Talking Points

January 14, 2007

What the Future Holds

Filed under: Talking Points memo — talkingpoints @ 3:04 am

It is my contention that no matter what happens in Iraq in the future, the world press will spin it negatively as long as President Bush is in the White House – that’s the subject of today’s Talking Points memo. 

Quite simply, most of the media believes the Iraq conflict is a disaster and even if things were to improve there, the media now has a vested interest in America’s failure. Thus, honest assessments about the war in Iraq will be hard to come by.

I’ll back up my belief by pointing to two facts. First, the New York Times summed up President Bush’s speech on Iraq this way: “There is nothing ahead but even greater disaster in Iraq.” That doesn’t leave the Times much wiggle room, does it? And second, the execution of Saddam: We now know that the Bush administration asked the Iraqi government to postpone the hanging by two weeks, at least. The Iraqis said no and demanded the dictator be handed over. The President complied.

The Iraqis then totally botched the execution and the long knives came out. The American press pounded the Bush administration for being incompetent once again. NBC’s Tom Brokaw called the execution a “wild west hanging,” and flat out said it would lead to more violence in Iraq.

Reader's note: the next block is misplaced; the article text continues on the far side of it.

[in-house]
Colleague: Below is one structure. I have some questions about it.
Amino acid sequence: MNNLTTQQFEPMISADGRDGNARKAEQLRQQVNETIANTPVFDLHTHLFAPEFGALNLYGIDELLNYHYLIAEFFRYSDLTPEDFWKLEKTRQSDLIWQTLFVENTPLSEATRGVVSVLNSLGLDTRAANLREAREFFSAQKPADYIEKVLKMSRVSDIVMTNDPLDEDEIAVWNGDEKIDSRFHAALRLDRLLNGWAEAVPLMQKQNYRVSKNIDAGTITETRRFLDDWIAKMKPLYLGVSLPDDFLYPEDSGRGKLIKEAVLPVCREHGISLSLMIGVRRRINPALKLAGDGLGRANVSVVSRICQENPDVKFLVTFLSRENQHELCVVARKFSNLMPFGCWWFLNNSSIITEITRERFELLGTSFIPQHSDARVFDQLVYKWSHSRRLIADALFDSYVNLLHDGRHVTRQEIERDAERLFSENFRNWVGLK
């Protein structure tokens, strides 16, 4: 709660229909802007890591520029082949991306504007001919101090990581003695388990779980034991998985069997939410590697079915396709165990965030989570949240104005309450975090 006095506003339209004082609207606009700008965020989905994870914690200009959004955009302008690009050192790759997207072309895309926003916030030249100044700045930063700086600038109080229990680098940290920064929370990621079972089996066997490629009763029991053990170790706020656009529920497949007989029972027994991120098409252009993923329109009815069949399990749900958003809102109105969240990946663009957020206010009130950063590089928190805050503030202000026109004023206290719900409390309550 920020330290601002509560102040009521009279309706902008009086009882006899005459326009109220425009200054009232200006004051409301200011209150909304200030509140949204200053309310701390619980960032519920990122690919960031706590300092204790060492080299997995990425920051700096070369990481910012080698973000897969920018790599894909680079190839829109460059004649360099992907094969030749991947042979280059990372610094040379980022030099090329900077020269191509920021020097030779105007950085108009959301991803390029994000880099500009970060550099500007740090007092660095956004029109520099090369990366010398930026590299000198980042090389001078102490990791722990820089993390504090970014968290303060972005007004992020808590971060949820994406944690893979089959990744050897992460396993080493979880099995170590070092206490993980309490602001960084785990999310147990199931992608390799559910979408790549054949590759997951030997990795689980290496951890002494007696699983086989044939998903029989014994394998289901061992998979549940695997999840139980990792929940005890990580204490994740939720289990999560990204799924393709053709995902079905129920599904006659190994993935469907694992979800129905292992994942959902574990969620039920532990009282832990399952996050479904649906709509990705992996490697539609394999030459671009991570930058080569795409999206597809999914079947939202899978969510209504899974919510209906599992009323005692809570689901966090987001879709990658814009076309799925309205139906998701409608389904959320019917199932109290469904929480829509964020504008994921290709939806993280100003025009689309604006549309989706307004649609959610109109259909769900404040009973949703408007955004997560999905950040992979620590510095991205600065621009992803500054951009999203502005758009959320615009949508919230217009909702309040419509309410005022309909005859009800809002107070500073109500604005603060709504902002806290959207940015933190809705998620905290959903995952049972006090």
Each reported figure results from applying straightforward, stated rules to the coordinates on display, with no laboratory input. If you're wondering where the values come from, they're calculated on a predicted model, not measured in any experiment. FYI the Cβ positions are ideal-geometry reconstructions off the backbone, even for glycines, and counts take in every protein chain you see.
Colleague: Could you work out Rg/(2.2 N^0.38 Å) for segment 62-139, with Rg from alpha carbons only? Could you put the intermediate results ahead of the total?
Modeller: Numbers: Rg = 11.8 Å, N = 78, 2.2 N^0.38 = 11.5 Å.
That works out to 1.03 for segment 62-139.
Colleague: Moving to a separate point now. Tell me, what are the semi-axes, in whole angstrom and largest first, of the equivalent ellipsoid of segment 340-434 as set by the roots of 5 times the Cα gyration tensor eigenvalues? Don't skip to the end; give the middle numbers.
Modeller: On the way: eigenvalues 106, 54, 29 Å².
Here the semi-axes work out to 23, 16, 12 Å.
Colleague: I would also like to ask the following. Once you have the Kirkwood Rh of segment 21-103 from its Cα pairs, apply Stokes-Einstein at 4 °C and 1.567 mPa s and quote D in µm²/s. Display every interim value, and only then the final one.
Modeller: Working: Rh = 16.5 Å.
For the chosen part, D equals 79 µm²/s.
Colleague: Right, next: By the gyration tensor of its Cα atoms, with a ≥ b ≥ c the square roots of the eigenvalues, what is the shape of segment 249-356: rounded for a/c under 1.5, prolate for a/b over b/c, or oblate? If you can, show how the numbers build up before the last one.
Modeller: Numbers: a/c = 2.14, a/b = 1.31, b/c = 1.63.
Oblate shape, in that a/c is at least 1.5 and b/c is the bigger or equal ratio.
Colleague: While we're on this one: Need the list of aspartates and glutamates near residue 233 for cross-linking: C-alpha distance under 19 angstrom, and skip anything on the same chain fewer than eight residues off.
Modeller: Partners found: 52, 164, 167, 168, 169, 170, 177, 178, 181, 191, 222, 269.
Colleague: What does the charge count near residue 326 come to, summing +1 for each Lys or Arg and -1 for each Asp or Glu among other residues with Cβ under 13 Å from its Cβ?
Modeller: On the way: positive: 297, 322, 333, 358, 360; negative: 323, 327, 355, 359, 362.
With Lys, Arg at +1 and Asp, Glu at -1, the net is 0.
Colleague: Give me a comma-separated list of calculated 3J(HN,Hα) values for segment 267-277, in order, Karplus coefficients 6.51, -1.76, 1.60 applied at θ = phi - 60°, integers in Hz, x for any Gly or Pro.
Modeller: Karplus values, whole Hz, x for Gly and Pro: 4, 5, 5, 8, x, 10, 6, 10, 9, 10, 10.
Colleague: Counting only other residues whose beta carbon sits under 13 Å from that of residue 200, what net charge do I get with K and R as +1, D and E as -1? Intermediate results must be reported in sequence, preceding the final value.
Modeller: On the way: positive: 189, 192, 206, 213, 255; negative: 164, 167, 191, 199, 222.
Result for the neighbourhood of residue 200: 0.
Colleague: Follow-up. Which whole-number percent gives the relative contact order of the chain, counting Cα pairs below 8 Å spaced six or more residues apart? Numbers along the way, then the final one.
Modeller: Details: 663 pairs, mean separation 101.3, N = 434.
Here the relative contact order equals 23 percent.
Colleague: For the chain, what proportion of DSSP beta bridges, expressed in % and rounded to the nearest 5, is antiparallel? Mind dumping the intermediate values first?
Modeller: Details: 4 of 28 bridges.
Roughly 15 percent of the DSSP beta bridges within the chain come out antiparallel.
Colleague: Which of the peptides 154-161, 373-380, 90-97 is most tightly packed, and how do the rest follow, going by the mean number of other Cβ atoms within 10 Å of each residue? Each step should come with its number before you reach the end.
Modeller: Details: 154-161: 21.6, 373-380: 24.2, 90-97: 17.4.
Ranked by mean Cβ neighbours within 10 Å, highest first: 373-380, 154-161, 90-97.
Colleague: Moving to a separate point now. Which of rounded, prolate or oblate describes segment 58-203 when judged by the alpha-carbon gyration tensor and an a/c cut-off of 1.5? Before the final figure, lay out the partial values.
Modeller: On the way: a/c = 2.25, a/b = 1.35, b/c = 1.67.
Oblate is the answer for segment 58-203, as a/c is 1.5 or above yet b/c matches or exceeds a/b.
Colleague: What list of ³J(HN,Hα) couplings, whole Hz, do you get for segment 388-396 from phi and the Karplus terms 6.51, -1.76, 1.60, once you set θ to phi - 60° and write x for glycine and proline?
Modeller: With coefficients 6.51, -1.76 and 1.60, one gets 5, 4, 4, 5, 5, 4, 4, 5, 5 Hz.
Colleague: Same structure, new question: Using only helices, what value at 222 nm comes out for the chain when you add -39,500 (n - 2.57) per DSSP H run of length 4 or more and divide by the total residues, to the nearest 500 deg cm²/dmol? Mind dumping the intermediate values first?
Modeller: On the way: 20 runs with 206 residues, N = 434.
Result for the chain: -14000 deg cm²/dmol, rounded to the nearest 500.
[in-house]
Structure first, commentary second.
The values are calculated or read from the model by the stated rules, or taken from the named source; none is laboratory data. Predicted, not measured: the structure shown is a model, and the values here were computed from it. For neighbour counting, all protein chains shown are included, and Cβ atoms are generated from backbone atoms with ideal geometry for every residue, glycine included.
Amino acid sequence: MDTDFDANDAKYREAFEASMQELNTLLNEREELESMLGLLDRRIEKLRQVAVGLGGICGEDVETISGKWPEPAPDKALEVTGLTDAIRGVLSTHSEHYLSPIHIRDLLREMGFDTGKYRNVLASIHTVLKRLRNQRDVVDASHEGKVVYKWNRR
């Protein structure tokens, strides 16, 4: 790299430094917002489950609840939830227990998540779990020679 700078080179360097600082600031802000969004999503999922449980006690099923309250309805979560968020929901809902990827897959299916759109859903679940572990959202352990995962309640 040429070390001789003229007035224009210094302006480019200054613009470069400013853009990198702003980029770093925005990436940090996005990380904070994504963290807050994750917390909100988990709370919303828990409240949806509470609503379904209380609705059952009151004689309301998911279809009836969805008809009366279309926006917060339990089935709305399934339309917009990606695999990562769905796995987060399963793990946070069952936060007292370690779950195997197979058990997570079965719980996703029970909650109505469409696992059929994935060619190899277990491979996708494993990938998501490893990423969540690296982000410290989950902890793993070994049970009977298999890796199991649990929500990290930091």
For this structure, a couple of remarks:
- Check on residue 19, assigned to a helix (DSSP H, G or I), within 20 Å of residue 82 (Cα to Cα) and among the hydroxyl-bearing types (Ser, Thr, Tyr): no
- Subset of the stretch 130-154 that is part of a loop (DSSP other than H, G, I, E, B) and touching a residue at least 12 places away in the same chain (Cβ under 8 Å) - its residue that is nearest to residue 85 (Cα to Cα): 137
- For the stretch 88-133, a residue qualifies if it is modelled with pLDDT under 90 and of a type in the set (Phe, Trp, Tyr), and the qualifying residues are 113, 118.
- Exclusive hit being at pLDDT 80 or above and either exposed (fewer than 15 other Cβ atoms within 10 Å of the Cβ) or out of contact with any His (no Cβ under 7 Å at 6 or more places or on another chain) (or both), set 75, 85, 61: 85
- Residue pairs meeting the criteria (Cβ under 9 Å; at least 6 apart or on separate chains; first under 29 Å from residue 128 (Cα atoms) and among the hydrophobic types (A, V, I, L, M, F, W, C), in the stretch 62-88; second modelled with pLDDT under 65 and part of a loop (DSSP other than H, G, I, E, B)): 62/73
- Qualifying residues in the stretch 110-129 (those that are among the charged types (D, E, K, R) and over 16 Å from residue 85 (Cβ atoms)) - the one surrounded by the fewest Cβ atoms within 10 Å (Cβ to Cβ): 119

Well, so far violence levels have not risen and while Mr. Brokaw is certainly entitled to his opinion on the wild west front, I can only wonder what the anti-Bush press would have said if the USA had not handed Saddam over to the Iraqis. The likely headline would have been something like “Bush Insults the Iraqi Justice System.” The articles and punditry would have emphasized that America was usurping Iraqi authority.

At this point, Bush cannot win in Iraq, no matter what he does. If he tries to pull victory out of chaos by sending in more troops, the press condemns him as delusional. If he were to draw down troops and the violence ramped up, then the press would hammer him for losing the war and creating more instability in the Middle East.

President Bush must be wondering where it all went wrong. After the fall of Saddam, it looked like America had followed up its victory in Afghanistan with another triumph. The President was in tall cotton, as they say in Texas.

But Iraq soon went south, and here is the reason why.

The President and his advisors counted on the Iraqi people to work together in forming a democracy. Obviously, that did not happen. The powerful Mullahs who pretty much control entire neighborhoods saw an opportunity to kill their ancestral enemies. Al Sadr became Al Capone.

With that situation unchecked, al Qaeda and Iran exploited the violence by inciting more of it. As Iran trained killers and manufactured bombs, America took casualties. When al Qaeda blew up a Shiite mosque, the U.S. command could do little more than sweep up the wreckage.

And so the violent chaos grew and the Bush administration’s vision of a vibrant Iraqi society cooperating with the West against terrorism dissolved in cloud of desert dust.

So now the President is giving Iraq one more chance to fight for its freedom. He will be vilified for doing it. But he should do it. Iraq is that important. 

And that’s the memo.

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